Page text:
It is no secret that I don’t like London (Dante’s) Heathrow airport and a recent experience with British Airways was both incredibly expensive and disappointing – indeed, as my father is still in intensive care in Toulouse, I’ve flown over three times in as many weeks, and the low-cost airlines are winning in price and customer service, hands-down.
So I was interested to receive a BA Club member email directing me to the website: Welcome to Terminal 5 as a preview of the facilities that will open on 27 March.
The imagery and language on this special site highlight an “amazing project” promising to make “connecting the world simple and pleasurable again”. The rhetoric focuses on ease, convenience, smoothness, fun and joy. A professional identity is conveyed, making a promise that brand “Terminal 5” will deliver an “outstanding experience”.
The launch planning is highly professional, including “trial runs” with a variety of stakeholders over the past months. This is a mega-brand exercise – and not only for British Airways. The new terminal offers shopping heaven (if that’s your sort of thing) with 112 stores contained in an area bigger than 50 football/soccer fields. Brands have been briefed to offer exclusive products, such as the T-5 Krispy Kreme doughnut. Then there’s over 500 advertising billboards and flat-screen television displays – ensuring passengers will see dozens of selling messages as part of the “outstanding experience”.
With all this focus on marketing, what will be the role of public relations? The views of media who had a preview last week convey all the key messages about passenger flow (80,000 people a day plus 13,000 bags an hour, double the security checkpoints…) and “interesting” narratives – such as rerouting local rivers.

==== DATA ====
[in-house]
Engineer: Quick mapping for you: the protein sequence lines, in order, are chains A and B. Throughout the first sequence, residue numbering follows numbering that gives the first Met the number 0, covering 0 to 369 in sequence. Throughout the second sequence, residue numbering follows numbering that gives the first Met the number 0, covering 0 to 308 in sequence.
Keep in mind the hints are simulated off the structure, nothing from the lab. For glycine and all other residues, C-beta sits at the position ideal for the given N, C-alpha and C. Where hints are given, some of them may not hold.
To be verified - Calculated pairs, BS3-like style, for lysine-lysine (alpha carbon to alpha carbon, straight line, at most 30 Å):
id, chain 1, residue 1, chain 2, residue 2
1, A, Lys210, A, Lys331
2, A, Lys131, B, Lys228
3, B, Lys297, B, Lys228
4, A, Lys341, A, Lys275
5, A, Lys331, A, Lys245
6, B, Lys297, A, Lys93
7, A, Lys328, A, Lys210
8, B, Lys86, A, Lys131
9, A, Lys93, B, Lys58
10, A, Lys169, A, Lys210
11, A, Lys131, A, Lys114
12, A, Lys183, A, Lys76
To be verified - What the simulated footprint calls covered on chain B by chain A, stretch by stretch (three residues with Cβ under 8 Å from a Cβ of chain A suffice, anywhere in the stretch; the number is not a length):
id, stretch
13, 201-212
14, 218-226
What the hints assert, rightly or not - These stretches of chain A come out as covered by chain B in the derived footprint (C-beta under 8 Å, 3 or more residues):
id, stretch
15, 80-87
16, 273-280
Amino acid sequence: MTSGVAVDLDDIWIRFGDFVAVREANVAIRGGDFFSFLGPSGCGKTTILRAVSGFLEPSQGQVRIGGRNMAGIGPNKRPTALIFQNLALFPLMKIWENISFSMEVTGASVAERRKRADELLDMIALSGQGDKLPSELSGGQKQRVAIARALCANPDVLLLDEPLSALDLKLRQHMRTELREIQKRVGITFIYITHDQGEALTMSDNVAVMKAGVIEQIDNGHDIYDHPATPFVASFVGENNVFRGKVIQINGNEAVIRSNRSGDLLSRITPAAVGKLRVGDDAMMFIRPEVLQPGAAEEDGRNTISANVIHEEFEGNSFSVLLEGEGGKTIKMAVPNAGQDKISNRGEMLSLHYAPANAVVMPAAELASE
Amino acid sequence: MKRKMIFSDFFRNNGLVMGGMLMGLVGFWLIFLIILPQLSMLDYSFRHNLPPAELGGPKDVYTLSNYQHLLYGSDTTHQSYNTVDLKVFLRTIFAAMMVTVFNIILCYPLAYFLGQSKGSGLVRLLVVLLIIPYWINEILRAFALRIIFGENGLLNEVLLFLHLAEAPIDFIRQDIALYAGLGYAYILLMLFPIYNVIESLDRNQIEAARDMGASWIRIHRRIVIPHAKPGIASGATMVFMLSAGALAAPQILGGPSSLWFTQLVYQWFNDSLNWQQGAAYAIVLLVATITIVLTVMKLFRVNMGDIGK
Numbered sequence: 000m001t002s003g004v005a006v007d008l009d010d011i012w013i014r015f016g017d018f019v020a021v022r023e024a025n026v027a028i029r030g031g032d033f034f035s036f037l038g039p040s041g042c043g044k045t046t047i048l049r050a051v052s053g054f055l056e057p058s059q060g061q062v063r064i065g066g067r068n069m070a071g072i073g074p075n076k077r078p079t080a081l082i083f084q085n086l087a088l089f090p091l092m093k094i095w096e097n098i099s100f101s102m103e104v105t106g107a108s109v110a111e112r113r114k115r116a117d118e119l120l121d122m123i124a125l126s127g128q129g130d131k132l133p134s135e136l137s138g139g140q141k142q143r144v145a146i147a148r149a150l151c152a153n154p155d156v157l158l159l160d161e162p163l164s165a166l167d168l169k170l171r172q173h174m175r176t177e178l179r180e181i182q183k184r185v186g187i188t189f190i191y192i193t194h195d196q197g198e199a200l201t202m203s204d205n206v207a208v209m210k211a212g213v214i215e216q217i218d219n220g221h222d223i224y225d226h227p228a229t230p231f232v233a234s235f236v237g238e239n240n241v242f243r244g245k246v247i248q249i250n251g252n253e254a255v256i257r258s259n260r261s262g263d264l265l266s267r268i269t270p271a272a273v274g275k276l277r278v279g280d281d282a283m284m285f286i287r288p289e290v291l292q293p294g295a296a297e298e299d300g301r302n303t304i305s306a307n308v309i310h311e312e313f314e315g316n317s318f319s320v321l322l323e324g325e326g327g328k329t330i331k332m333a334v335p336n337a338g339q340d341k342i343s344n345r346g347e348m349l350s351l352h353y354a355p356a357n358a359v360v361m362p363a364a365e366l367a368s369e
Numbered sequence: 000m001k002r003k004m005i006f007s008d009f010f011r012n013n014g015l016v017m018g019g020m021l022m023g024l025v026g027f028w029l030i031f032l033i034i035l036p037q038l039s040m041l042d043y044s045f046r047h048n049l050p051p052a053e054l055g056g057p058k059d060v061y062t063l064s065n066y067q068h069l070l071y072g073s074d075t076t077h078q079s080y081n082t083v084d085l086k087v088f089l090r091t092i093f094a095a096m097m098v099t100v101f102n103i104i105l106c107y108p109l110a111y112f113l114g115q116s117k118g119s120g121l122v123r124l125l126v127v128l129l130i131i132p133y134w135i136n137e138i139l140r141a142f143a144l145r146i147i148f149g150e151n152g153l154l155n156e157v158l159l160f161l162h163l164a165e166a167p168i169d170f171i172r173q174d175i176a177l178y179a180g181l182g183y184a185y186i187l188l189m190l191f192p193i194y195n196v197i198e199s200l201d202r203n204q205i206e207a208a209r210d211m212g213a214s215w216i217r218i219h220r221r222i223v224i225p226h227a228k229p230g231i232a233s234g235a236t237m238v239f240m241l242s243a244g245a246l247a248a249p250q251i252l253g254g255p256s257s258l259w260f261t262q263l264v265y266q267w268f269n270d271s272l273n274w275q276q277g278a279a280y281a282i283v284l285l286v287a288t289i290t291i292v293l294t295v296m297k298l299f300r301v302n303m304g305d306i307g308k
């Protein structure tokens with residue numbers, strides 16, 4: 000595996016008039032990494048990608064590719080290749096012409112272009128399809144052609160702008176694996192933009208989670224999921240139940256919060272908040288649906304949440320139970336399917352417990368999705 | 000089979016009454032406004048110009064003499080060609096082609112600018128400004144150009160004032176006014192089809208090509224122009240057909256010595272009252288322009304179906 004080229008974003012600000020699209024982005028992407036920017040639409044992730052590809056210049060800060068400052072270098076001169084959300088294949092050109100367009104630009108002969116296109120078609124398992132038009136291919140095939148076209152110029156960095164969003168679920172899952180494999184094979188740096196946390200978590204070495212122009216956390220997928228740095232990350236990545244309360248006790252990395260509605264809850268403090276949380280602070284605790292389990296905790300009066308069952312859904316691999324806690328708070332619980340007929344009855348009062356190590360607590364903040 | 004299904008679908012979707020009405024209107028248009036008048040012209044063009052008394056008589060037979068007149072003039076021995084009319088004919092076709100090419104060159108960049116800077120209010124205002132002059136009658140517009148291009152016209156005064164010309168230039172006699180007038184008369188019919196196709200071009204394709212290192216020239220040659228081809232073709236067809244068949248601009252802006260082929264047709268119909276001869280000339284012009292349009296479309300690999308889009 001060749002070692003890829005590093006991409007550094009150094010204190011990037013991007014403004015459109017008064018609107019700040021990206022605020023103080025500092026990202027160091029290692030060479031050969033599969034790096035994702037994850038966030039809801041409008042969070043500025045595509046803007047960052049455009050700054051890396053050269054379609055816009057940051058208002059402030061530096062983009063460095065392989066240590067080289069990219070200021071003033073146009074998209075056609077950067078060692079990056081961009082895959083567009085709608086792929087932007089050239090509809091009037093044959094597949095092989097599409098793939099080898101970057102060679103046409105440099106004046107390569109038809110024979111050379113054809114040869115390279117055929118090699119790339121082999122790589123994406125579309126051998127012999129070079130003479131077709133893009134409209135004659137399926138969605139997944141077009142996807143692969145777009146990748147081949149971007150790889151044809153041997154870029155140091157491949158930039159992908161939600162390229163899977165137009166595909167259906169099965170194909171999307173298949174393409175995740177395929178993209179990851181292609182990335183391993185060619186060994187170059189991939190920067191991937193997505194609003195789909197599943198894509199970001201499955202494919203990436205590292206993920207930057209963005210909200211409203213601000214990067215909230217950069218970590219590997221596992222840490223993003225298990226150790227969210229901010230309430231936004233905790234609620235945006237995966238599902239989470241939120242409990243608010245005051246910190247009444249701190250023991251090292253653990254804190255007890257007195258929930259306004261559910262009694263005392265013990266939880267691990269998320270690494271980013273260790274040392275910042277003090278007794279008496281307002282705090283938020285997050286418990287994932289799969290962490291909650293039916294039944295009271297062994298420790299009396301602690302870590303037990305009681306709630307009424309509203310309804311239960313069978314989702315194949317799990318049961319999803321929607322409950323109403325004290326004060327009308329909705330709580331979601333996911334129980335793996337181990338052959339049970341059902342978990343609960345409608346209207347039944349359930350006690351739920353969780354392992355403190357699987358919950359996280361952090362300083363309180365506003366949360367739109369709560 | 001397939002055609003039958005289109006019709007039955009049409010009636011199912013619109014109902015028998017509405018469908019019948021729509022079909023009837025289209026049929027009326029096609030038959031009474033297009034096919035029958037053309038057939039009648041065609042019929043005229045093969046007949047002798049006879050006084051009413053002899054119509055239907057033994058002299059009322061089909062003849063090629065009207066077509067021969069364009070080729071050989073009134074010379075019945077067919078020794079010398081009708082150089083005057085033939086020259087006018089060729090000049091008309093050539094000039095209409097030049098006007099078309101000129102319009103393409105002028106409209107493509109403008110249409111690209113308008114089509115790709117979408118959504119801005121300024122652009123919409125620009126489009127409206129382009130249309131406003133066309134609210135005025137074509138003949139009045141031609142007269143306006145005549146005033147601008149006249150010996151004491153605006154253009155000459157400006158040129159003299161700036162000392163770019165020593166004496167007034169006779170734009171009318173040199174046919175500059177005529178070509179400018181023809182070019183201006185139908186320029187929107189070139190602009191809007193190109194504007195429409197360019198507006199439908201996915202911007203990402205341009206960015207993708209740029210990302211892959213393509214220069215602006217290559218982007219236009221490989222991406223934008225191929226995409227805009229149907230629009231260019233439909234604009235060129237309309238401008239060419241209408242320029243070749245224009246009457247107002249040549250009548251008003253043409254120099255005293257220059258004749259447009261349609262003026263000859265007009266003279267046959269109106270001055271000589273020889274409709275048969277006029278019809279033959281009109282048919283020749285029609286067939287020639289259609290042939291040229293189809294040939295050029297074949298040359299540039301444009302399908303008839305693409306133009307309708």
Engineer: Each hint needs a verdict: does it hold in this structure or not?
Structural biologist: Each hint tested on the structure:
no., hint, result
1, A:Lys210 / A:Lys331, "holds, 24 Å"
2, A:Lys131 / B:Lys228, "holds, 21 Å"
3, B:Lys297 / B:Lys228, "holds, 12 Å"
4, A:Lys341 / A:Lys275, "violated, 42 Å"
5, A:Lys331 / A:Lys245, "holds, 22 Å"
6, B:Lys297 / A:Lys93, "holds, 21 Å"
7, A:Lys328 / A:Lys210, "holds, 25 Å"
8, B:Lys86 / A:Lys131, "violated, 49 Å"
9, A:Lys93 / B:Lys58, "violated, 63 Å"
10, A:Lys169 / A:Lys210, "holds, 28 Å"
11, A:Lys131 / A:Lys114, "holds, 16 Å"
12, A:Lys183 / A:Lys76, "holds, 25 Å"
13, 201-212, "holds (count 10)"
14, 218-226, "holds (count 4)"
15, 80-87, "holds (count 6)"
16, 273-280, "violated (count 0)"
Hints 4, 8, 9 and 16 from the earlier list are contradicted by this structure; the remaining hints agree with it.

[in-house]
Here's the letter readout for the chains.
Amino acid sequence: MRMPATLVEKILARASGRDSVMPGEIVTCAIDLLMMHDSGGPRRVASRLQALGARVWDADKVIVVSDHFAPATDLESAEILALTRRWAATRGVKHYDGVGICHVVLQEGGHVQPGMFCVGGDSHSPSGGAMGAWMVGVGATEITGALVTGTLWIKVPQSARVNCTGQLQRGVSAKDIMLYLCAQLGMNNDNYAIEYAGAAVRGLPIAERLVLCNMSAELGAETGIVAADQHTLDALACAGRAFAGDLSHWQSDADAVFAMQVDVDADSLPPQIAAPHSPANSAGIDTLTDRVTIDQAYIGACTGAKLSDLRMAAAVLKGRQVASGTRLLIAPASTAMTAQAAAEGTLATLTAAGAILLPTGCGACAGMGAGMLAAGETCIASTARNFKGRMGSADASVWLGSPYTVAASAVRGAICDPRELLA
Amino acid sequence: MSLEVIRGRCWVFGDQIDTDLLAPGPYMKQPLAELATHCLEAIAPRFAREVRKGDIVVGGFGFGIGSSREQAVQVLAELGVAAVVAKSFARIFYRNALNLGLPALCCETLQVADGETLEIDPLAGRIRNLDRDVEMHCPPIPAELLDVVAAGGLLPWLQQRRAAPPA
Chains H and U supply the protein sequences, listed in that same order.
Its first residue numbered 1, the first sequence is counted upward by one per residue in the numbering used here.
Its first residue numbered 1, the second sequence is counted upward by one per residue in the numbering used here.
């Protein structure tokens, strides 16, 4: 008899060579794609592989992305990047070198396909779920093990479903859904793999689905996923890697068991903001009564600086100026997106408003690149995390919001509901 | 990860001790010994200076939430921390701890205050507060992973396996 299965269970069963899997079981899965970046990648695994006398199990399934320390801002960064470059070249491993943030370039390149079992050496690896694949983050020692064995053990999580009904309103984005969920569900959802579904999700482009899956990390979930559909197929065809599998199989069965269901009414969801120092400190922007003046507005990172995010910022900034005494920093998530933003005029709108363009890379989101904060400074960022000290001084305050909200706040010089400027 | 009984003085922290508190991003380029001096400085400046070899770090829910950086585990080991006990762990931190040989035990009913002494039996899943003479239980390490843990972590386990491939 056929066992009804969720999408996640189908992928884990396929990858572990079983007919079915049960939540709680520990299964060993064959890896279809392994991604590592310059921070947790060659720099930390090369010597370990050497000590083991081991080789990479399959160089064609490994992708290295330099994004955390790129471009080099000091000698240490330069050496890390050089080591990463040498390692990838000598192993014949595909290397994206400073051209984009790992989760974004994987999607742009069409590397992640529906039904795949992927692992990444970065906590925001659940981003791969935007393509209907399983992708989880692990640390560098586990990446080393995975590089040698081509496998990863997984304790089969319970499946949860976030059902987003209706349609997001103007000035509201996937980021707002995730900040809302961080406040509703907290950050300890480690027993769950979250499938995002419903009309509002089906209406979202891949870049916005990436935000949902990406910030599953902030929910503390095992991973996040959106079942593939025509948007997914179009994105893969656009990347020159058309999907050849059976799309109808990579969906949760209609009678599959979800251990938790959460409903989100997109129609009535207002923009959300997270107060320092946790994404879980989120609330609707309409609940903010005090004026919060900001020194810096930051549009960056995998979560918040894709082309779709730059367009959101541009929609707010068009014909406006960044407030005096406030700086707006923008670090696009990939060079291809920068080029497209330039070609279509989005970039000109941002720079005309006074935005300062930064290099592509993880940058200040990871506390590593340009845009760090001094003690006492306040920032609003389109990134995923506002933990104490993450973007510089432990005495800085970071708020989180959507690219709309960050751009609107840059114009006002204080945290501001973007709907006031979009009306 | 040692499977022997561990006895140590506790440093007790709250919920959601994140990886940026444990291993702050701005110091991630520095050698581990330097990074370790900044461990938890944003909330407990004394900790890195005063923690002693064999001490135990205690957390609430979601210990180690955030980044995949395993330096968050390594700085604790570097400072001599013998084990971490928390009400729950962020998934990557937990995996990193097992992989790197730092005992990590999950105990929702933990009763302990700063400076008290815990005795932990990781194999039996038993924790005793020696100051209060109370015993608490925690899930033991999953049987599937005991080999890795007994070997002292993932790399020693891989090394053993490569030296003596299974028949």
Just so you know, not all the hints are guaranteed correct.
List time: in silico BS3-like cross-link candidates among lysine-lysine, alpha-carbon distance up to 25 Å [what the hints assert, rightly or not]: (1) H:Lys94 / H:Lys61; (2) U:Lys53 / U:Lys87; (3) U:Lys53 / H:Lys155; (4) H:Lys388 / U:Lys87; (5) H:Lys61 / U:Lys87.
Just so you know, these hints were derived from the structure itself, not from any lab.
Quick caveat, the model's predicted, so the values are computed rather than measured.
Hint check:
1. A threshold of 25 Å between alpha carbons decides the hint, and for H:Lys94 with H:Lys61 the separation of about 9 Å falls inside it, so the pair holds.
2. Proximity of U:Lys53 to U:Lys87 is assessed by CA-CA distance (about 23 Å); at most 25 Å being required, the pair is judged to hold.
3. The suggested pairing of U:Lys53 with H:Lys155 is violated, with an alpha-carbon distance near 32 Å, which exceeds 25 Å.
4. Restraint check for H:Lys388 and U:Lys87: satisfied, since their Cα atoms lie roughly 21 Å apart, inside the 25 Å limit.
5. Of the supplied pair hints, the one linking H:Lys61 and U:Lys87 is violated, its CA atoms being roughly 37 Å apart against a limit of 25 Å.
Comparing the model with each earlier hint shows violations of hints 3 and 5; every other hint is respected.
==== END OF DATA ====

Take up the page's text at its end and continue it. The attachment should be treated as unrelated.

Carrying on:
But there is another side to the public relations strategy – particularly in relation to BAA, Heathrow’s owner. Whilst the glitzy press sneaky-peaks were going on at T5, BAA fired its Chief Executive as the Spanish-owned company tries desperately to win over hostile publics, including government, investors and the serious media. And that’s without the focus of savvy activists such as Greenpeace who are just the headline grabbing element of a coalition of active publics fighting against Heathrow’s expansion.
It is six months since BAA lost its heads of corporate affairs and media relations, and the Globe and Mail says its new chief executive (formerly of Severn Water and British Airways) will need his own “extraordinary PR skills”.
Both British Airways and BAA need to focus their public relations on long-term sustainability – which is where T-5 comes in. But you can’t create a good reputation as easily as generating short-term sales in the upmarket retail outlets or in terminal advertising. As John Dalton claims:
Reputation is the sum values that stakeholders attribute to a company, based on their perception and interpretation of the image that the company communicates over time.
A successful launch of T-5 is essential for British Airways, BAA – and the UK government as it gives a better first impression of Britain than existing gateways. But to borrow Martin‘s phrase, PR can’t simply put lipstick on a pig and make it kissable.
Not even pretty pigs can fly.